Since the violent death of Travon Martin in Sanford, Florida, last year, I have been refraining myself from becoming too opinionated on issues of race relations in America. Many readers did not seem quite happy with what they called “my unexplained silence.” I have received several messages, requesting my opinion on the many subsequent social injustices perpetuated against minorities following the Travon’s case. Although the requests were valued with all fairness, they seemed to resonate more like a desperate search for a socio-political healing, an intellectual heirloom found in me, but quintessential to gaining that peace of mind when the very basic essence of life appears hostile everywhere.
My new attitude was in no way a self-defeating/existential reality; nor was it an affirmation of self-defeat. It was rather the capture or recapture of a paradigm shift in my frame of thought. When Travon was assassinated, I thought then the horror of the crime and the uproarious backlash that it created were just sufficed to temper the heads with the dangerous eyes that never cease to use pigmentation as a means to subjugate the vulnerable.
For a while, I felt quite at ease with my newfound psychological comfort despite the many high profile crimes committed against minorities, until the officials in Ferguson, Missouri, proved me wrong—BIG TIME. There’s no need to reiterate the ugly narrative that took place there last month, for it only brings shockwaves to our hearts each time it is being repeated. What struck me was the raw treatment offered to the victim and his family.
At first, they tried to whiten to crime by placing the all-too-familiar blame on Michael Brown, saying he was resisting arrest. When that ploy failed to temper a population in rage, they changed tactic, using the presumption of innocence and the power of a Grand Jury to “legally” exonerate the cop who committed the murder.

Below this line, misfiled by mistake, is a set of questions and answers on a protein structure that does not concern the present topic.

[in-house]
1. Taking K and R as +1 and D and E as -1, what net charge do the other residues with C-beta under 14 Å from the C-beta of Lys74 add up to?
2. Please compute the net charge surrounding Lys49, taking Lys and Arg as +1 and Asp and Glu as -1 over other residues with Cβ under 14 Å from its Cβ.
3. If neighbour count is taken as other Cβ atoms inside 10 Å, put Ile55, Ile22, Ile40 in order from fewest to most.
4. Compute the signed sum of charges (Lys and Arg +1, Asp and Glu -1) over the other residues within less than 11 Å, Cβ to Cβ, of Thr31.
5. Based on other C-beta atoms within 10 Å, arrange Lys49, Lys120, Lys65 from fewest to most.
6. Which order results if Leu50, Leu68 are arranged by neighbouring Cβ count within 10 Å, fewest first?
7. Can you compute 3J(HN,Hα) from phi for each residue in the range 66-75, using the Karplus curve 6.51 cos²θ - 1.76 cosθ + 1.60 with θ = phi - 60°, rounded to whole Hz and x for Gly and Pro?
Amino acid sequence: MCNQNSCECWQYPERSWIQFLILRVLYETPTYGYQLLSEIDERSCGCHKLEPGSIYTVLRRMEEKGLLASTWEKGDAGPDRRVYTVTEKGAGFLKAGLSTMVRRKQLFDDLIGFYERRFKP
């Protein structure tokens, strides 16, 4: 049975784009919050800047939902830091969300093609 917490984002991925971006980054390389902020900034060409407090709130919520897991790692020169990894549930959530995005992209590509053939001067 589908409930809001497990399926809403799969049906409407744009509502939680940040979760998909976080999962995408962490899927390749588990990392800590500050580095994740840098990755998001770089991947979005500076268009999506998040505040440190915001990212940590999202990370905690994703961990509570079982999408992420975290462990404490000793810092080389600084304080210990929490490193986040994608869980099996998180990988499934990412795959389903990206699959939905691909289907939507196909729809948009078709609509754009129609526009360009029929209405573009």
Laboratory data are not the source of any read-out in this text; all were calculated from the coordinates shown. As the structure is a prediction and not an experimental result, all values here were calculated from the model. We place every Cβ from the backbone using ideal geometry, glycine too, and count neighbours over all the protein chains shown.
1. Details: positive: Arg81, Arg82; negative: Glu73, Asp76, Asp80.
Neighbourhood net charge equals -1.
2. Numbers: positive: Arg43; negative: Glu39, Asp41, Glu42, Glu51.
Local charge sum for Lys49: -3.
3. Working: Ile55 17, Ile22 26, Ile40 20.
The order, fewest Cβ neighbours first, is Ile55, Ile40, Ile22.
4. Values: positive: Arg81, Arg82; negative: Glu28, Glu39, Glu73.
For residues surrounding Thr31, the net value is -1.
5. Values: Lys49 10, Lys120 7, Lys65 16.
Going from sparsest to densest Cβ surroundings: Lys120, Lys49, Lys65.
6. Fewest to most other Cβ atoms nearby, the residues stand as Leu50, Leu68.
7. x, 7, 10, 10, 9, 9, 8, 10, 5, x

The most shocking element in this sad story is the authorities ‘complete nonchalance vis-à-vis the indignation of an entire population yearning for justice. Yesterday afternoon in New York, it was déjà vu all over again. Another Grand Jury exonerated the cop who killed Eric Garner, the innocent man who fought for his life and his right to sell cigarette on a New York City sidewalk. Although they say Ferguson is not New York, it’s hard to imagine how anyone can separate these two facts. The actors may be different, but the story line is indisputably the same: White police officers killing young defenseless black men.
Tonight, the rage is across the country, but there is an element that I’d like to point out. As a community, we don’t want to be self-destructed. I know there are serious causes to be upset, but nothing justified the looting and the destroying of our own minority businesses in Ferguson last week. It didn’t move our cause one bit. If anything, it sent the wrong message; that we are not a responsible people. Proactive, constructive and responsible actions will ultimately bring justice to bear, as it were the case for Abner Louima and Amadou Diallo in New York.
President Obama announced a Federal inquiry and launched an appeal for calm as his government works to repair mistrust between “our communities and our law enforcements.” Few believe this, for by now everyone understands the Obama presidency was never a victory over racism and xenophobia in America.
There’s also something else we now know: We can ill afford to retire “We shall overcome,” the legendary song that marked the civil right movement. In the fight for racial equality in this country, it is not just enough to be consistent; we need to be proactive. Complacency and denial in the hope it will not happen to my son or daughter will only prolong an already exacerbated situation.
Note: Dr. Ardain Isma is the Chief Editor for CSMS Magazine. He teaches Cross-Cultural Studies at the University of North Florida. He may be reached at email@example.com He is also a critically acclaimed novelist. His latest novel Midnight at Noon can be purchased everywhere. Click on this link to order a copy: Midnight at Noon